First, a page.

A Local Family With Games on the Brain

 Ciphexr

There are Marbles: The Brain Store locations all over the country, and there’s one family in Newark that is always up for the gaming challenges to be found there. So when Marbles announced its “Who’s Got Game?” contest this summer, David Dodson, Maria Luna and their 3 kids (a boy, age 7, and two girls, ages 2 and 10) went all in to design their own game. Their entry was a code-breaking game called Ciphexr, and it ended up being selected as one of four finalists in the nationwide competition.

They didn’t end up winning (Marbles announced on August 26 that PEAK was the winning entry), but as David tells it, the story of their game and how their family came together to create it is blue-ribbon stuff.

How did you get involved in the Marbles game design contest?

As a homeschooling family we’re always looking for ways to engage the kids that challenge the intellect, and if you’ve ever walked into a Marbles store you know its filled wall-to-wall with challenges. As big fans of the store we are on the mailing list and we learned about their latest challenge.

A big part of our homeschooling approach is via challenges. We will come up with challenges for them, but just as often they will find ways to challenge themselves. If there is something that the kids have a question about, it becomes a challenge to understand that thing and then find a way of representing that understanding. So the marbles challenge to design a game was right up their alley.

How did you come up with Ciphexr?

It took about a month worth of pondering for the two oldest children with myself as the guide. Ideas were tossed around for a while, and then it was decided that codes (ciphers) were a form of patterns that could be turned into a game. We had spent the previous month doing a lot of work with codes as both children had an interest in detective and spy work.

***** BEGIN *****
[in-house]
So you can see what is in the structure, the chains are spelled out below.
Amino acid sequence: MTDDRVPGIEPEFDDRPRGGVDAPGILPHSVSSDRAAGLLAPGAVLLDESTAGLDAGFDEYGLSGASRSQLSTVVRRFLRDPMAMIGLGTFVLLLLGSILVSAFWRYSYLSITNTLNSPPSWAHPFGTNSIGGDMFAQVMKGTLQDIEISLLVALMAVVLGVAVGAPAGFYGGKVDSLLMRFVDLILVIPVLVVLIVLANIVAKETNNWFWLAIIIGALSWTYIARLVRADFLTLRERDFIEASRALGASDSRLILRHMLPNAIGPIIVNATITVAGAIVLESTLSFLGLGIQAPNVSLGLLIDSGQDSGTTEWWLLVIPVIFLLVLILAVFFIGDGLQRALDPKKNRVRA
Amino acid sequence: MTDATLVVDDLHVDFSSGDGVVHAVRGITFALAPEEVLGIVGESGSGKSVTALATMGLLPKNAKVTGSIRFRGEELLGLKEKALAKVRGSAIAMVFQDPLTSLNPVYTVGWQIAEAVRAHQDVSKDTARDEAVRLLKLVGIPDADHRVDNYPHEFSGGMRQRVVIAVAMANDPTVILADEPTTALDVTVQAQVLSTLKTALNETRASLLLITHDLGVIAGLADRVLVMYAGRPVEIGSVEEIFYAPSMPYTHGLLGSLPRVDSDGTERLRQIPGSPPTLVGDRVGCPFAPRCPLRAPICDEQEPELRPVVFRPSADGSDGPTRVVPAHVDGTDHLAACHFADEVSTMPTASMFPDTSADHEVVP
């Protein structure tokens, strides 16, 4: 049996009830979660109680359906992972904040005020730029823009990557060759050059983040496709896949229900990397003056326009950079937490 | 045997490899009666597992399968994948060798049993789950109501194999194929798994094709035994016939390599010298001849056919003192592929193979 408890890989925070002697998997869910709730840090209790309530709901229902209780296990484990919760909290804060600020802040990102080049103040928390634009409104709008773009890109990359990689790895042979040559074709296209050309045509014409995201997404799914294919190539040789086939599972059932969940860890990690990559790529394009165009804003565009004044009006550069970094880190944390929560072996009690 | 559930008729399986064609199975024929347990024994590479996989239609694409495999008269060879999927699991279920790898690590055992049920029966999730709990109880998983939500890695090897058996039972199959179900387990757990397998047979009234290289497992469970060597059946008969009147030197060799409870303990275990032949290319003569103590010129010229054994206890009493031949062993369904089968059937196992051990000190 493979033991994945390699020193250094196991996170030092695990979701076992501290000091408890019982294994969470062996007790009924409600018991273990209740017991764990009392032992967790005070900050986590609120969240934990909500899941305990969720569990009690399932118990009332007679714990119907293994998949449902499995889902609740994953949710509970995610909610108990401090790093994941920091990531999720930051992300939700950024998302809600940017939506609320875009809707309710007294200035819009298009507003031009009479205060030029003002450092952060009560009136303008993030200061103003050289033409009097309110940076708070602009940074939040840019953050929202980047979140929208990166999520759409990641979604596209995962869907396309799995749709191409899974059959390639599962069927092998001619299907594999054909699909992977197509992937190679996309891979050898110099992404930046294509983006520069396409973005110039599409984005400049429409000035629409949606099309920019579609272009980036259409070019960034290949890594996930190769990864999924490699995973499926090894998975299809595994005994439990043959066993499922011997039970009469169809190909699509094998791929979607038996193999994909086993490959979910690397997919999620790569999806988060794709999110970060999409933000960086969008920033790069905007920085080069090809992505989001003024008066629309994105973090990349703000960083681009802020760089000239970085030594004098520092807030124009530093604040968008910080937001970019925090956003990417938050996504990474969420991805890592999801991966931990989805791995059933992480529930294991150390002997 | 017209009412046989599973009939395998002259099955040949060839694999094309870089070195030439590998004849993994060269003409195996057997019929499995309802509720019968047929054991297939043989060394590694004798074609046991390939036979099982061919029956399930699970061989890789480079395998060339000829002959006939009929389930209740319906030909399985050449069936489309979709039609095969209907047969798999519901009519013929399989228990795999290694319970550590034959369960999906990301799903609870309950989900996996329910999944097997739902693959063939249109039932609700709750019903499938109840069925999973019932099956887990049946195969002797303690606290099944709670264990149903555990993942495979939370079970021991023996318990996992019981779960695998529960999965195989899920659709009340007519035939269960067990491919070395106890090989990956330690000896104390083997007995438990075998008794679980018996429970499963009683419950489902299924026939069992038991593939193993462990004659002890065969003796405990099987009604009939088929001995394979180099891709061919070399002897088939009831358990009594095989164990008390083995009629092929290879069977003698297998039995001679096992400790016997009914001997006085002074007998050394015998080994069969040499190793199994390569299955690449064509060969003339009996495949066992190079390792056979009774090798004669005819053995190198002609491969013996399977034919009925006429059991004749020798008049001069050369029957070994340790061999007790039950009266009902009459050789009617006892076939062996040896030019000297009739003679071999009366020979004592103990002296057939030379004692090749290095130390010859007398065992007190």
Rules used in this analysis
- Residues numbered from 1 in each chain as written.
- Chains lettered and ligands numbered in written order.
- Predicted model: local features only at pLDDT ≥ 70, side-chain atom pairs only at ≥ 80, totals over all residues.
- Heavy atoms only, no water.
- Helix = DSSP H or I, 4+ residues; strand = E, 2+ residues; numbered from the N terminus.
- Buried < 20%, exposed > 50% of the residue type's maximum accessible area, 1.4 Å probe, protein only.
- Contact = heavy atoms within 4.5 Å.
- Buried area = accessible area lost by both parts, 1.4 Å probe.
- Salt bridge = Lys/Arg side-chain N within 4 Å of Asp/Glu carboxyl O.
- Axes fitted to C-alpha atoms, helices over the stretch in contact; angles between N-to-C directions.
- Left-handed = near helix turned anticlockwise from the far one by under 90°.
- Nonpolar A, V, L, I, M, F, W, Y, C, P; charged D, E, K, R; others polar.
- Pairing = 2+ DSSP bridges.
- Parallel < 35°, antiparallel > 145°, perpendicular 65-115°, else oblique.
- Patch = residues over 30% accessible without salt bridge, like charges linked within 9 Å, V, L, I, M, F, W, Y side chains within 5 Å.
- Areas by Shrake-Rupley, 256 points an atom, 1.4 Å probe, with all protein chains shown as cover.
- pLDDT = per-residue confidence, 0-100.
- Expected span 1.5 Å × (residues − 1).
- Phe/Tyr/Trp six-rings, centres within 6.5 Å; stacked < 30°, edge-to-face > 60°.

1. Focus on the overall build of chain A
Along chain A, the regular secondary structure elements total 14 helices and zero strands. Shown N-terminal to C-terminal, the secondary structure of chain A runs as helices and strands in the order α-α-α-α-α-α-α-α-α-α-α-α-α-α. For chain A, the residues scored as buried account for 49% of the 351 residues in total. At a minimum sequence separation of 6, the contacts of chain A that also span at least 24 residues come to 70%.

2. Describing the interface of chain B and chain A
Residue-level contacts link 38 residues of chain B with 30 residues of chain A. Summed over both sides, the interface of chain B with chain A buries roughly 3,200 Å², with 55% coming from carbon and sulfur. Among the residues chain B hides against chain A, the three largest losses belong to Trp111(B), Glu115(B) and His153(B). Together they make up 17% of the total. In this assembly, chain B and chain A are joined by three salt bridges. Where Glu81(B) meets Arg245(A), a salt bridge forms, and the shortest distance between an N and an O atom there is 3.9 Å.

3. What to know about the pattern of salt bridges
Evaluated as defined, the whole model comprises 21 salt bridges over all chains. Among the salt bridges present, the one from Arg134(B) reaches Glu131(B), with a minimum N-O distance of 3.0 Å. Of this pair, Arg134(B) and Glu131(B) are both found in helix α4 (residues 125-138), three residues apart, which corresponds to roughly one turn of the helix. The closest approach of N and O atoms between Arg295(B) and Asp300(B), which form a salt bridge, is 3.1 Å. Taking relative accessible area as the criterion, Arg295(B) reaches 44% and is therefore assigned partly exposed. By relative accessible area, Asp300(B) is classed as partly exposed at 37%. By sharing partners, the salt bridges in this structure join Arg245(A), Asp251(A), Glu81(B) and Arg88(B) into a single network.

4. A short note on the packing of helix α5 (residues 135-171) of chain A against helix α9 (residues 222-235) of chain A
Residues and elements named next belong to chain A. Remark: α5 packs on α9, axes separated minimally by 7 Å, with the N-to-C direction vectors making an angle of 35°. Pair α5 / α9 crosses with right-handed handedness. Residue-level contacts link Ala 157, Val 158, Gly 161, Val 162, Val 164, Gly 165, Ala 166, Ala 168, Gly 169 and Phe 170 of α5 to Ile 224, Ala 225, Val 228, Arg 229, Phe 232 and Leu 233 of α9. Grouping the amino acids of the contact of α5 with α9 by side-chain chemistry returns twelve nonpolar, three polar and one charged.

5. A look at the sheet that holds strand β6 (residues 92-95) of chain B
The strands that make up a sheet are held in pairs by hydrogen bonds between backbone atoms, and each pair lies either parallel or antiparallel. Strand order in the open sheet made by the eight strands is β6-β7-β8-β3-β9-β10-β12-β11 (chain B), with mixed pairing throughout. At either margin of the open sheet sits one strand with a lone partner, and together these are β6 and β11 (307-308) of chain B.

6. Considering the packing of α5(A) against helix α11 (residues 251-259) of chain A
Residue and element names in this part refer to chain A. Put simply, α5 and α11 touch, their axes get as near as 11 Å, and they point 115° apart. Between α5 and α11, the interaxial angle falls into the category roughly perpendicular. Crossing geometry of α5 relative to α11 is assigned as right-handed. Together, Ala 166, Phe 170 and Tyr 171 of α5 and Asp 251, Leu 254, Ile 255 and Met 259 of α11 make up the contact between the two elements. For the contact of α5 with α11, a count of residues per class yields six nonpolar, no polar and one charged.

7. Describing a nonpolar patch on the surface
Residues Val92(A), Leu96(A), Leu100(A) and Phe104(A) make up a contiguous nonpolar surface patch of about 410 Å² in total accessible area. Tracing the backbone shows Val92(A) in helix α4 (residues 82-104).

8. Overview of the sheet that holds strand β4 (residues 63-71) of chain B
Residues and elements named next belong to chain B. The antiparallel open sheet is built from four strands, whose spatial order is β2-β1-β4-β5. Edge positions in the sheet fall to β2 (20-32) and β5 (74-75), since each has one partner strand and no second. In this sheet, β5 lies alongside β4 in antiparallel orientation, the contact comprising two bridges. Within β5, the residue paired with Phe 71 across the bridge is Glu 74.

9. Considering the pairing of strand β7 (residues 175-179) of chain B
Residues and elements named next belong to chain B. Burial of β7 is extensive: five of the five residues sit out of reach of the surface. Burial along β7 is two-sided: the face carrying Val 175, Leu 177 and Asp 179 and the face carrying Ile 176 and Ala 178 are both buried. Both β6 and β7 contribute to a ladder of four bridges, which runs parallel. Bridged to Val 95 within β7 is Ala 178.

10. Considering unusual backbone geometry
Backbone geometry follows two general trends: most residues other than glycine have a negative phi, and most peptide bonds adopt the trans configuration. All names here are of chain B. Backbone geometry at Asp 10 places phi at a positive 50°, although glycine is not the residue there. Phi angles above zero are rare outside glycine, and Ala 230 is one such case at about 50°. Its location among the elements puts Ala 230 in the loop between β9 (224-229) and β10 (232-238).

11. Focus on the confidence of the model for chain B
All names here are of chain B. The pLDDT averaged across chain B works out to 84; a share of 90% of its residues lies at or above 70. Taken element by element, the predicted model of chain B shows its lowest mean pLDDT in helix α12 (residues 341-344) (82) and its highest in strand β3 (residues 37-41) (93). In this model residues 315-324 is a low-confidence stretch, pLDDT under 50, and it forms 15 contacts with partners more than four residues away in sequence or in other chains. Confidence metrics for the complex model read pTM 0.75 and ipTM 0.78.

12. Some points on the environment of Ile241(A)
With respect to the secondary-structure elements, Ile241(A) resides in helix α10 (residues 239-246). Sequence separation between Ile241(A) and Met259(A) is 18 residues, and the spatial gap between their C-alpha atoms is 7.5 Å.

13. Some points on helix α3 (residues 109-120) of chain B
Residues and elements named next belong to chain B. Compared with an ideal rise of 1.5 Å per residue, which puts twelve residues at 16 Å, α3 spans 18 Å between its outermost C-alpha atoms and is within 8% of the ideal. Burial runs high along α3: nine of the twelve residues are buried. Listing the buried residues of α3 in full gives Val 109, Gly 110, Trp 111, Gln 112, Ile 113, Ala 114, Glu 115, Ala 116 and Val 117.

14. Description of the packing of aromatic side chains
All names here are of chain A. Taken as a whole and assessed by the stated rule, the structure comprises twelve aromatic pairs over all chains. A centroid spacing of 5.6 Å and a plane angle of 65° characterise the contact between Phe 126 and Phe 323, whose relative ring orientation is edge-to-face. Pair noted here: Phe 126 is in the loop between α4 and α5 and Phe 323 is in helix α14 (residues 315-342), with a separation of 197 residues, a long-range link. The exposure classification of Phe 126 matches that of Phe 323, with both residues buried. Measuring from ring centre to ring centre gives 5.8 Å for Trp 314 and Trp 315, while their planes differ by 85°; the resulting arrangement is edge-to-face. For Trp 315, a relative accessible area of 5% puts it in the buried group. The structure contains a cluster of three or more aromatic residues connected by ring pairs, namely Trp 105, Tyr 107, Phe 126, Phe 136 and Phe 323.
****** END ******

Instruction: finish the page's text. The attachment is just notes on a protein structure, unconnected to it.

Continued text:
Ciphexr

What did you learn that you weren’t expecting to?

The biggest thing we learned was that actually making a game challenging is a challenge. After having a basic idea of making a game around code-breaking, we spent days just trying to figure out how that could be turned into a game that was challenging. These kids have a good sense of what type of games would hold their interest on repeated plays, and it took a lot to come up with one they thought they could play over and over.

What was your reaction when you learned you were a finalist?

Everyone was screaming for at least five minutes! As much as we all would love to win, I think that moment was the payoff for everyone. For the kids just to realize that their idea had been good enough to be one of the finalists meant that they had successfully completed the challenge.

 

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